I say at last, as I have seen numerous Yellow-browed Warblers at the Obs over the years, so perhaps I shouldn't get too excited about them. Perhaps it's because I am of a certain age and remember when this Siberian sprite used to be a mega! In fact over here in the northwest a Yellow-browed Warbler was the nearest you were going to get to finding your own 'Sibe'! Nowadays we usually expect 2 or 3 at least at the Obs and I don't think it will be long before we hit double figures in the autumn and perhaps that will be this year as we have had four today!
I called at the cemetery first thing this morning and it was fairly quiet with just four Redwings that I would consider as being grounded. The wind was a fairly stiff east-southeasterly and this made viewing conditions difficult as the trees were moving around quite a bit. However, as I was just putting my gear in the boot of my car before heading off to the coastal park I heard a Chiffchaff giving it's sub-song and two Goldcrests calling and I thought "hello"!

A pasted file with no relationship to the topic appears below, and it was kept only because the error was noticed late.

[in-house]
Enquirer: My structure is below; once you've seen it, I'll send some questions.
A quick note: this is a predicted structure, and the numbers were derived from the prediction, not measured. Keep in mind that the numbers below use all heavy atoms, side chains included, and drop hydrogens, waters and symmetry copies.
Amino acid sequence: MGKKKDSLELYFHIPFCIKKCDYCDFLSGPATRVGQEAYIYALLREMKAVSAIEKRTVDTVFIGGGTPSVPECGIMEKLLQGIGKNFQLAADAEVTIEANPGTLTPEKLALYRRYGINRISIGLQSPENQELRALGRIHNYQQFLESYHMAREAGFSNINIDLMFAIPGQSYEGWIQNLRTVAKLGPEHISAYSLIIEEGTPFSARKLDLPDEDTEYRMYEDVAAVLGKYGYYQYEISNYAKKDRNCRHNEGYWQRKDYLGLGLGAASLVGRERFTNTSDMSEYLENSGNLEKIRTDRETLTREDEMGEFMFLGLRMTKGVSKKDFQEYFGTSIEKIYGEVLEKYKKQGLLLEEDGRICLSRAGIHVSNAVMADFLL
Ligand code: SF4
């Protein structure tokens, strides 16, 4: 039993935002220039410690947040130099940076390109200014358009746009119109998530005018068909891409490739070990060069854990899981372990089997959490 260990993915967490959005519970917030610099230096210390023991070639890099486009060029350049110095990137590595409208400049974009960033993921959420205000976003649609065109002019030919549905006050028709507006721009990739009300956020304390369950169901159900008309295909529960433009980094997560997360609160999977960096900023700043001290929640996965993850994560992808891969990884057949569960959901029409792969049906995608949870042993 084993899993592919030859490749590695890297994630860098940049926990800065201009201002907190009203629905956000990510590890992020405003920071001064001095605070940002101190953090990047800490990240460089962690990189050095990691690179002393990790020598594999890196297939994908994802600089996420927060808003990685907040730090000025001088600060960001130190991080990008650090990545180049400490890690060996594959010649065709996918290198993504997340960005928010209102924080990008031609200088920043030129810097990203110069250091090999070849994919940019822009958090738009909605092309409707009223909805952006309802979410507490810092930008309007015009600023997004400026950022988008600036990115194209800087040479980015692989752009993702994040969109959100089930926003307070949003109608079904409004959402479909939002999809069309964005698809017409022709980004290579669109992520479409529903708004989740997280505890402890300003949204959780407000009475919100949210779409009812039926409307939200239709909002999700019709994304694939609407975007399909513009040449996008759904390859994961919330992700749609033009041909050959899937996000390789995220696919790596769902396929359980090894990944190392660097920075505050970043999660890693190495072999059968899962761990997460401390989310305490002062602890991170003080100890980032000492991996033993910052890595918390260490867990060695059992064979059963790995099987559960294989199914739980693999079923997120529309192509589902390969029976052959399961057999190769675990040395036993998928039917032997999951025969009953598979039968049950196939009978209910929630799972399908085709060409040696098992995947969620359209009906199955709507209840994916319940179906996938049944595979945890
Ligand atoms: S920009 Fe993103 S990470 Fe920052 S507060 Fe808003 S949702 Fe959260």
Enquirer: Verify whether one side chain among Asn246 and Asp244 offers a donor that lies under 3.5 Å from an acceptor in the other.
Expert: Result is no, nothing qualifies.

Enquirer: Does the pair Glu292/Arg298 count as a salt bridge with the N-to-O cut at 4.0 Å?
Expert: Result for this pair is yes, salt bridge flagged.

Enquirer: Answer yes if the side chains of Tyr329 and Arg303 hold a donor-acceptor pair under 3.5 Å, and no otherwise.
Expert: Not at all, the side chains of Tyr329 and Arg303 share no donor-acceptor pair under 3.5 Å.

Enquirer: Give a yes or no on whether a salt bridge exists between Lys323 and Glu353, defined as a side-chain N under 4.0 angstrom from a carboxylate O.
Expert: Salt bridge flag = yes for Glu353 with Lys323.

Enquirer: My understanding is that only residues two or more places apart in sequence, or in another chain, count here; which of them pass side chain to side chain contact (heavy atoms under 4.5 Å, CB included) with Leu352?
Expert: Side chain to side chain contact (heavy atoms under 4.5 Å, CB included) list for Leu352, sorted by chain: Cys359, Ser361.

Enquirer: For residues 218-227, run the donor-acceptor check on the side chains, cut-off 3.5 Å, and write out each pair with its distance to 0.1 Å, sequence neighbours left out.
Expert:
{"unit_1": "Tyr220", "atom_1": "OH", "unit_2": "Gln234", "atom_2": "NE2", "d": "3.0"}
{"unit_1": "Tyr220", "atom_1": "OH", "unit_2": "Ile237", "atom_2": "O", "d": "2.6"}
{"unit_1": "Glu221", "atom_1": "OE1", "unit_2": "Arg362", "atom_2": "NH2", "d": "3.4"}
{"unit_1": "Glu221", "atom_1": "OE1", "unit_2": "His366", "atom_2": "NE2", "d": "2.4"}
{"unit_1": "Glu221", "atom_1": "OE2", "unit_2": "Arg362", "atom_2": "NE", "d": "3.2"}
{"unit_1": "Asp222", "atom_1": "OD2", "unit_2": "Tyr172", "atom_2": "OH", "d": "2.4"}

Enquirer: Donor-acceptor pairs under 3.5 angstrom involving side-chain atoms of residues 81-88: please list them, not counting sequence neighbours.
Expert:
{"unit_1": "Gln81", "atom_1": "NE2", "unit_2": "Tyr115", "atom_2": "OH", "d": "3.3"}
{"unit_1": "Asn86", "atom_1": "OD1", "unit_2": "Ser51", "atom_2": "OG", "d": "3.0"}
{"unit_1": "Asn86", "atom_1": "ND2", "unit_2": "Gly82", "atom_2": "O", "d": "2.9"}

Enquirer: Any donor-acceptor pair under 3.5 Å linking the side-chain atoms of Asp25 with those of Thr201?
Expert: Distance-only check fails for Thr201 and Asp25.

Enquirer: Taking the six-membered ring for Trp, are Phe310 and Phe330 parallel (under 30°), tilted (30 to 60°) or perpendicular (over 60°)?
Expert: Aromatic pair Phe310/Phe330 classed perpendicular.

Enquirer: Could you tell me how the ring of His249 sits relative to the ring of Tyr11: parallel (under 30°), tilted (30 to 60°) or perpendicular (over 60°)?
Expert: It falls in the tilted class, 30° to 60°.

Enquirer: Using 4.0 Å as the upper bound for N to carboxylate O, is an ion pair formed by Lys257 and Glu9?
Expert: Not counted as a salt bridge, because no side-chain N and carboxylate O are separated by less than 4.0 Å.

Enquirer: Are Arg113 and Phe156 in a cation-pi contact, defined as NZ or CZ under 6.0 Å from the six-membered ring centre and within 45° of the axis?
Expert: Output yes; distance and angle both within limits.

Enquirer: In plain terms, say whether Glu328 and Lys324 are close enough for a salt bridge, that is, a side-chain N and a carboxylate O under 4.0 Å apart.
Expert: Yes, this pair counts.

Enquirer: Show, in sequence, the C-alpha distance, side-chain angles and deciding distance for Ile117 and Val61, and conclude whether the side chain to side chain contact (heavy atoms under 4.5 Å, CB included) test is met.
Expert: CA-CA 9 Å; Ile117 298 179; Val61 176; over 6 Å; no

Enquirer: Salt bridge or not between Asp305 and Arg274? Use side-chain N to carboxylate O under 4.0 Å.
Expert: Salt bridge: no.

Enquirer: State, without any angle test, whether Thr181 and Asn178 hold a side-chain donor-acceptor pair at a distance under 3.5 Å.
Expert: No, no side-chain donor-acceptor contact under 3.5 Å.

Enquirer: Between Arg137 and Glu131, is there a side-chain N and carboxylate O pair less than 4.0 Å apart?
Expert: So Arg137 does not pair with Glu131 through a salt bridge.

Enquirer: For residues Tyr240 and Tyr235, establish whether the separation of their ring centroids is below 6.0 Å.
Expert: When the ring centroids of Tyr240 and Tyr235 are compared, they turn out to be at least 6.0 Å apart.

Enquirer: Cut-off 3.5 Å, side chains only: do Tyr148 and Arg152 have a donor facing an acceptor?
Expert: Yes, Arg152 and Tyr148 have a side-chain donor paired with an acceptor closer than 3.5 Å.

I had been in the park for just a few minutes when I caught sight of a small phyllosc moving through some Poplars. I lifted my bins and it was a Yellow-browed Warbler. I made a quick call to Ian and I was just about to try and get some shots of it when I heard somebody shout "is there anything about"? With that the YBW flew off and into some more distant cover! I turned round to see a visiting birder and thought about saying "there was until you shouted", but thought better of it!
This guy then followed me round everywhere chewing my ear off about everything he had seen over the past few days. What's happened to people's field craft today? He continued to name drop both birds and birders as I tried to escape! I heard the YBW calling and got some distant views, but none as good as the ones when this guy flushed it with his booming voice. Some council workers came into the park with mechanical kit and it was 'game over' for me and a sharp exit!
Oh, I nearly forgot besides the YBW there were a few other migrants in the park including ten Redwings, five Song Thrushes, four Goldcrests and a Blackcap. It's a couple of days of catching up on work for me now, but hopefully I'll get out on Friday.
Monday 23rd July 2018 - 1,000 Black-headed Gull were feeding on the reserve early morning on a mass hatch of insects which helps one appreciate how many Black-heads are actually...
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